Little hope for creditors as Hastie debts top $600m

Ian Carson, Head of Partners for PPB Advisory.THE administrator of Hastie Group has dashed lingering hopes of substantial returns for creditors, signalling that few businesses of the once-sprawling engineering services company will find new owners.

Speaking after a creditors’ meeting in Melbourne, Ian Carson, of PPB Advisory, said Hastie’s debt bill included $100 million owed to ”many thousands of creditors”. This is in addition to more than $500 million owed to banks that funded Hastie’s acquisition binge.

Many creditors had travelled from regional areas to hear it was unlikely they would receive ”any extensive” return, given the amount owed to the banks. Mr Carson said some of them were owed ”serious amounts” of up to $500,000.

”They’re really normal, ordinary businesses … and a lot of them are locals – you know, Albury and Shepparton, regional areas,” he said after the meeting. He described the mood of the meeting as ”sombre”.

Mr Carson said that of the 44 businesses under its control, only five had been sold for a combined sum of less than $30 million, and another one or two might be sold for modest amounts.

Receiver and manager McGrathNicol, appointed by Hastie’s banks, has taken charge of Hastie’s better-performing assets, but Mr Carson was downbeat on the prospect of substantial returns from the sale of those companies.

”It’s hard to imagine there being a material return even after McGrathNicol,” he said.

Asked whether he had greater insight into the cause of Hastie’s collapse, Mr Carson said: ”There have obviously been some failures,

whether it’s corporate governance or other things.” He estimated about 1200 jobs had been saved of the 2700 stood down at its collapse. The tally excludes about 1800 workers employed by companies taken over by McGrathNicol.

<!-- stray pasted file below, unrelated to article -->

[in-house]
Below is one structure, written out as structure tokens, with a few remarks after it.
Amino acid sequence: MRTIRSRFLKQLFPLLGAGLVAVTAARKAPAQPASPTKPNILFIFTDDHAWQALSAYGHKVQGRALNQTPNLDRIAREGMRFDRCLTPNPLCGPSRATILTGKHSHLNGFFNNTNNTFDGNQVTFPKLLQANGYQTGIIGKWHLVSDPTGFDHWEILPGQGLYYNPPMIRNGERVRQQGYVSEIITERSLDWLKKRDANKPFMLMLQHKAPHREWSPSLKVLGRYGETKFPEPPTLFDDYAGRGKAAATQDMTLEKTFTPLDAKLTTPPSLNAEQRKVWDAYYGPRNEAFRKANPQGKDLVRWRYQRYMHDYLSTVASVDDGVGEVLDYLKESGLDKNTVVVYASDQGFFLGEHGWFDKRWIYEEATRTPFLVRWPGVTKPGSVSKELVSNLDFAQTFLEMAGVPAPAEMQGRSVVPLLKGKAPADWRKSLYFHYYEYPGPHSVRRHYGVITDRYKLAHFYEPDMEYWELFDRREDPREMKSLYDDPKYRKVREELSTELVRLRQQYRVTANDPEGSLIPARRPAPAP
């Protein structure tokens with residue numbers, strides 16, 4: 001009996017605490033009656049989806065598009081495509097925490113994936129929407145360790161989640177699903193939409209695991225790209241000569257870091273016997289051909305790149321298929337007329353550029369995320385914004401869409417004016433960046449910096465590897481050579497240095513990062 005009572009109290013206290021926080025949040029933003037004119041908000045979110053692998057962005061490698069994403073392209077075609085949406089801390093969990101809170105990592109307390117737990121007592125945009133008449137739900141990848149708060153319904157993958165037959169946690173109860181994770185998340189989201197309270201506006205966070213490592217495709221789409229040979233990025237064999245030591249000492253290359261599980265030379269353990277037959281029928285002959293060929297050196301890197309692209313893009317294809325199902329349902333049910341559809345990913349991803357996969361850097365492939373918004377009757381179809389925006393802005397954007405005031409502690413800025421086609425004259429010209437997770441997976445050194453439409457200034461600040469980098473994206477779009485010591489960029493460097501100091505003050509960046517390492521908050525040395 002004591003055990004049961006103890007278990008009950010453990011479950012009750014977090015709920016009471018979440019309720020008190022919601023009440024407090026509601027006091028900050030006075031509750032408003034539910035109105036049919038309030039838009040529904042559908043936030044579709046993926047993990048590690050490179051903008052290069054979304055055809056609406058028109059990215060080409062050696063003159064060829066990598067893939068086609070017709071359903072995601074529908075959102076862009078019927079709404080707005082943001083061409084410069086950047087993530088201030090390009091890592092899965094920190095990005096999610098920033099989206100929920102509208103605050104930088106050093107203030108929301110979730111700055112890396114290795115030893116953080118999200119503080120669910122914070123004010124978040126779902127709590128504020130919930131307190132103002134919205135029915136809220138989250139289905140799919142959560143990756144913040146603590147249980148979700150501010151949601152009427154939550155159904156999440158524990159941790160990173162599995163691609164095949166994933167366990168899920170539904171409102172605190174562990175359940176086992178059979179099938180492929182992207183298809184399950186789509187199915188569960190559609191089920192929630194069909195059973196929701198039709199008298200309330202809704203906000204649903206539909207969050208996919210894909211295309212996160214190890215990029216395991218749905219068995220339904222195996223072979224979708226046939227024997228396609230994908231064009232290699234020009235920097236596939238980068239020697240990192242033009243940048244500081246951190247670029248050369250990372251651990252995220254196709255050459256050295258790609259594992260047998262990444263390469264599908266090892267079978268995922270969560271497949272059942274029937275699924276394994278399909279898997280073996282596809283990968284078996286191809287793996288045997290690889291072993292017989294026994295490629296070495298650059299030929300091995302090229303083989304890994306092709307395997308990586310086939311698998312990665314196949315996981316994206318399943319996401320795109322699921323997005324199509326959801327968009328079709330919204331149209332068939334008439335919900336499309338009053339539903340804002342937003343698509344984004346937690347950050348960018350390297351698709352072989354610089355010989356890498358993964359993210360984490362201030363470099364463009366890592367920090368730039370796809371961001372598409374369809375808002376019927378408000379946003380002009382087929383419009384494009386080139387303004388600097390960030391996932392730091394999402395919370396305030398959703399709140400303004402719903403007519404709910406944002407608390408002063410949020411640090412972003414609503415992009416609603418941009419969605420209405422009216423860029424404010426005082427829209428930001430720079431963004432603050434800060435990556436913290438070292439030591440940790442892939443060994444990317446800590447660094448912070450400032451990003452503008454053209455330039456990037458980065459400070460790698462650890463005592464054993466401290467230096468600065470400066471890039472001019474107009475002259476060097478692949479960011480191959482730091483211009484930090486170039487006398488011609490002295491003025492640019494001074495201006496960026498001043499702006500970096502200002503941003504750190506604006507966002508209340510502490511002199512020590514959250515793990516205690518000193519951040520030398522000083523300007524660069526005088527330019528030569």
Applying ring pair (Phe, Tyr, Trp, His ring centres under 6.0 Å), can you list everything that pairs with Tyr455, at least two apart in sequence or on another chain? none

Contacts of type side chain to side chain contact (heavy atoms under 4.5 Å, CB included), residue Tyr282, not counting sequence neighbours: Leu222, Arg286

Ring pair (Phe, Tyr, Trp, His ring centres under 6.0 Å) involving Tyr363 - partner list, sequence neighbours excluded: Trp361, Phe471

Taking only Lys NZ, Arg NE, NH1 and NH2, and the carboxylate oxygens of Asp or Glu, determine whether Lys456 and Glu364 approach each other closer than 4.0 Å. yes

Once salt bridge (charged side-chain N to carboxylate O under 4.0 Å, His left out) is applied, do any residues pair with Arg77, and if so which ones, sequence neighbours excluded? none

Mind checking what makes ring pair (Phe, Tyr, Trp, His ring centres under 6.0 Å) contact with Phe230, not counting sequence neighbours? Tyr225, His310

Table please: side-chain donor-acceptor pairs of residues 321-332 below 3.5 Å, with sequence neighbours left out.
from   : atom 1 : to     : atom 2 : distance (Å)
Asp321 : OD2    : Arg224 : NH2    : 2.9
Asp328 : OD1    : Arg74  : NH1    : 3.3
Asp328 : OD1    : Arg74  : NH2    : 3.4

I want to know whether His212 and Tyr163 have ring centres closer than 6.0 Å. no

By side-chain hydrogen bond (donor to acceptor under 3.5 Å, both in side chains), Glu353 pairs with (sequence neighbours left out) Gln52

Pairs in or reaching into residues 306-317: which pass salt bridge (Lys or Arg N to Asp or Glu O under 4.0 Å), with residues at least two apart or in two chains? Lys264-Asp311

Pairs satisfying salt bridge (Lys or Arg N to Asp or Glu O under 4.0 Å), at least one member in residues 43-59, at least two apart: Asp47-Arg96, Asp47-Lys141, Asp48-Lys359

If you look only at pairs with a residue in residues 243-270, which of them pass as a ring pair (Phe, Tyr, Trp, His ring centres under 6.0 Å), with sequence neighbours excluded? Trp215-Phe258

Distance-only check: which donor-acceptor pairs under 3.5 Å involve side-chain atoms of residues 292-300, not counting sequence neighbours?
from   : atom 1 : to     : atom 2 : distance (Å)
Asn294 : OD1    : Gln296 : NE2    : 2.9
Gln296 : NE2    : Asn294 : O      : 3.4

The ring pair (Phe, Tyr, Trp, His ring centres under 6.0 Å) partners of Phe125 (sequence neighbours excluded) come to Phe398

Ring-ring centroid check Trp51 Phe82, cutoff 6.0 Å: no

A spokeswoman for McGrathNicol said yesterday there was no update on its sale process for Spectrum Fire and Safety, Hastie Services, industrial refrigeration systems company Gordon Brothers Industries or Austral Refrigeration. Austral was already for sale when Hastie collapsed.

Earl Setches, secretary of the Plumbing Trades Employees Union, said most of its members had held on to work and their entitlements in Victoria. He said that of the 600-odd Hastie workers in the state, only a handful were now out of work. ”It rocked people’s lives for a week or two, but we’ve had a good outcome,” he said.

Hastie had about 7000 workers around the world when it collapsed late last month, after the discovery of a long-standing accounting ”irregularity” scared off a recapitalisation plan.

Chief executive Bill Wild said after the collapse that Hastie had a culture of ”no bad news” and told staff members they had been let down by management. The collapse has also been blamed on overpriced and badly integrated acquisitions.

On the prospect of legal action, Mr Carson said this had not been his focus so far but he would be meeting directors and shareholders in the months ahead. Listed litigation funder IMF (Australia) and law firm Slater & Gordon confirmed they were monitoring the collapse.

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